Facebook Shuts Down Facial Recognition Software

Face recognition will no longer be used on Meta's platforms, the company that was formerly known as Facebook. 

Face Recognition will be turned off on Facebook in the coming weeks, according to Meta. 

The change will also affect Facebook's automatic alt-text technology, which is used to create image descriptions for people who are blind or visually impaired.

Face scans of over a billion people will be deleted, and Facebook will no longer recognize people's faces automatically, meaning users who opted in to the service will no longer receive alerts when a photo or video of them is uploaded to the social network.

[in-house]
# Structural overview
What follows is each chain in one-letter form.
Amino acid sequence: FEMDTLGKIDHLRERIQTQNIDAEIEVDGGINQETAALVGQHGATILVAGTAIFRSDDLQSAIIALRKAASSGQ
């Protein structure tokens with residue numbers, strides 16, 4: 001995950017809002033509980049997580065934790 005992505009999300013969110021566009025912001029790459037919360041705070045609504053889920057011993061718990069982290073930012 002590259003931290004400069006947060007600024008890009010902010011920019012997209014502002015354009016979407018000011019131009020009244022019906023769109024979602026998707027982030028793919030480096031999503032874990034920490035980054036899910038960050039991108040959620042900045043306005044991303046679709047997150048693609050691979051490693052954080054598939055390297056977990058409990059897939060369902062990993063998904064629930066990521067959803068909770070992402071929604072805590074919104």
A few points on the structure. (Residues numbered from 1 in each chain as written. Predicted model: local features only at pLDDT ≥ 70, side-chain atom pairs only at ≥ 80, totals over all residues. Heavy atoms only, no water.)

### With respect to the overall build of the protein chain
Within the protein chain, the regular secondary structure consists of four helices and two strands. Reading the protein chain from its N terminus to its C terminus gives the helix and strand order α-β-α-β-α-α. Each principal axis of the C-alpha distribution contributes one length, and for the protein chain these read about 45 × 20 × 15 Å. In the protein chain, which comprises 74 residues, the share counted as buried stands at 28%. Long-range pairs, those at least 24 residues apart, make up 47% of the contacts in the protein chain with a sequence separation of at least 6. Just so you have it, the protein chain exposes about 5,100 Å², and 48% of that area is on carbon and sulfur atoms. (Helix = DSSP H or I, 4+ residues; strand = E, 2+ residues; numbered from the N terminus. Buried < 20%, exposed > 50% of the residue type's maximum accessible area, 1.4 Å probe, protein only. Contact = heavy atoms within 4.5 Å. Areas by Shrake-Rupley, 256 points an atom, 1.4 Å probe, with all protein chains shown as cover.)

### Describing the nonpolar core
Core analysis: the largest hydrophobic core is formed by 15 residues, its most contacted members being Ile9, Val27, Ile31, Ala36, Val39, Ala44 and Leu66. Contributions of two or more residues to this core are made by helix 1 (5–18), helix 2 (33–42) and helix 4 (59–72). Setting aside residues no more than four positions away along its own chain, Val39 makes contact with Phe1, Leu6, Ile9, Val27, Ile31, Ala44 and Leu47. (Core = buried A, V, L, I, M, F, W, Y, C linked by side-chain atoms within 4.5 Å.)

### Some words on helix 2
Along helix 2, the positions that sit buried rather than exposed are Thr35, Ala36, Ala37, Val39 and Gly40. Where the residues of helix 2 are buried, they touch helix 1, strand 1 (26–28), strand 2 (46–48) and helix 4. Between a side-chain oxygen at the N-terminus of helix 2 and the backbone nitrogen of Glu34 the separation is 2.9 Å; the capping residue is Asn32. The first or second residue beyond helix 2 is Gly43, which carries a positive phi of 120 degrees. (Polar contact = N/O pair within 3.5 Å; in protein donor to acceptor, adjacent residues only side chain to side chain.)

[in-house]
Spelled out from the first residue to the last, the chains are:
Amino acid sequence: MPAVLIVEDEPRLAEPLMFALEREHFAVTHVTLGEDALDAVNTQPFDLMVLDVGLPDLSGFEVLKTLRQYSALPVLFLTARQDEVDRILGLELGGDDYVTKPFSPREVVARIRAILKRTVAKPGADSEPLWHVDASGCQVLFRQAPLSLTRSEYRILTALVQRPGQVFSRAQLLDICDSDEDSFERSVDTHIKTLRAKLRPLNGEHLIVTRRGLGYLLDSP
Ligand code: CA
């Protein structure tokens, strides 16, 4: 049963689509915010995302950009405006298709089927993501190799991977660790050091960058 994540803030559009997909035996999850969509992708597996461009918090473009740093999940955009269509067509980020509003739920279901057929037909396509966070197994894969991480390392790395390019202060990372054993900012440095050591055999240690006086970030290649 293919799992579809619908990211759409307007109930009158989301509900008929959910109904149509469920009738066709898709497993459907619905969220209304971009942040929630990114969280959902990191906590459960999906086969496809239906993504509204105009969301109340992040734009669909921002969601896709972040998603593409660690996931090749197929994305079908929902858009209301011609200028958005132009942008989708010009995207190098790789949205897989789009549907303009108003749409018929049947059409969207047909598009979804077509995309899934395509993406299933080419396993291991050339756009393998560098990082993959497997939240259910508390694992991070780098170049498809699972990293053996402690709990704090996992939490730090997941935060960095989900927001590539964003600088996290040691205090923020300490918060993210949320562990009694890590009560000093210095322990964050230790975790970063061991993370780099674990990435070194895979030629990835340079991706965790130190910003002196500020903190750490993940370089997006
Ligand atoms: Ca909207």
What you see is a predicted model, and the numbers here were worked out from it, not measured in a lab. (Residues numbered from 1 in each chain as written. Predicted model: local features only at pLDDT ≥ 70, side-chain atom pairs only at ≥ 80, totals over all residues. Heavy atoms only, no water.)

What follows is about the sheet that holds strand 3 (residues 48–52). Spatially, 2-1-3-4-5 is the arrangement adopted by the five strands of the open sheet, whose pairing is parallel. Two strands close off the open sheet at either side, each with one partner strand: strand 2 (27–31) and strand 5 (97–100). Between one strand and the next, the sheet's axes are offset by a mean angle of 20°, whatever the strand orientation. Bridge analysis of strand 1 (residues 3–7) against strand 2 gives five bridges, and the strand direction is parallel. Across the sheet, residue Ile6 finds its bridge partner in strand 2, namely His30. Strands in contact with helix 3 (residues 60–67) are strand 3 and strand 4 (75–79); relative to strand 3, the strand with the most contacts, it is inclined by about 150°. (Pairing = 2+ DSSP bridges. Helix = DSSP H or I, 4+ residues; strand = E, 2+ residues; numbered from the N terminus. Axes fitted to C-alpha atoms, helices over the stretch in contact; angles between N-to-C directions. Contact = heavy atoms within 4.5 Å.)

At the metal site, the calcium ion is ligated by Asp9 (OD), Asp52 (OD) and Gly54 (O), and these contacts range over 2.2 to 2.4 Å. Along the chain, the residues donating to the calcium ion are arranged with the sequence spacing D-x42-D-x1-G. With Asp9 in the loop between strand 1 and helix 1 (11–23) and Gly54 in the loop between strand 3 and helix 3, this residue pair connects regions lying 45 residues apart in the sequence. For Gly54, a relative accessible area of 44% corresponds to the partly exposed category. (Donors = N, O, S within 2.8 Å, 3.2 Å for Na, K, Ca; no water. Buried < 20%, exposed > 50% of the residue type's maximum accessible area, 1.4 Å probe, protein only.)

Societal concerns about facial recognition prompted the decision, according to Meta's Vice President of Artificial Intelligence, Jerome Pesenti, "especially as regulators have yet to provide clear rules" surrounding the technology.

Pesenti continued, "Every new technology brings with it the potential for both benefit and concern, and we want to find the right balance." 

According to the New York Times, Facebook plans to delete over one billion facial recognition templates in the coming weeks, but not the algorithm that powers the software. 

According to a spokesperson for Meta, Jason Grosse, the company has not ruled out using the software in the future. 

Pesenti stated in the blog post that the company would consider using facial recognition technology in situations where people need to verify their identity or prevent fraud and impersonation.

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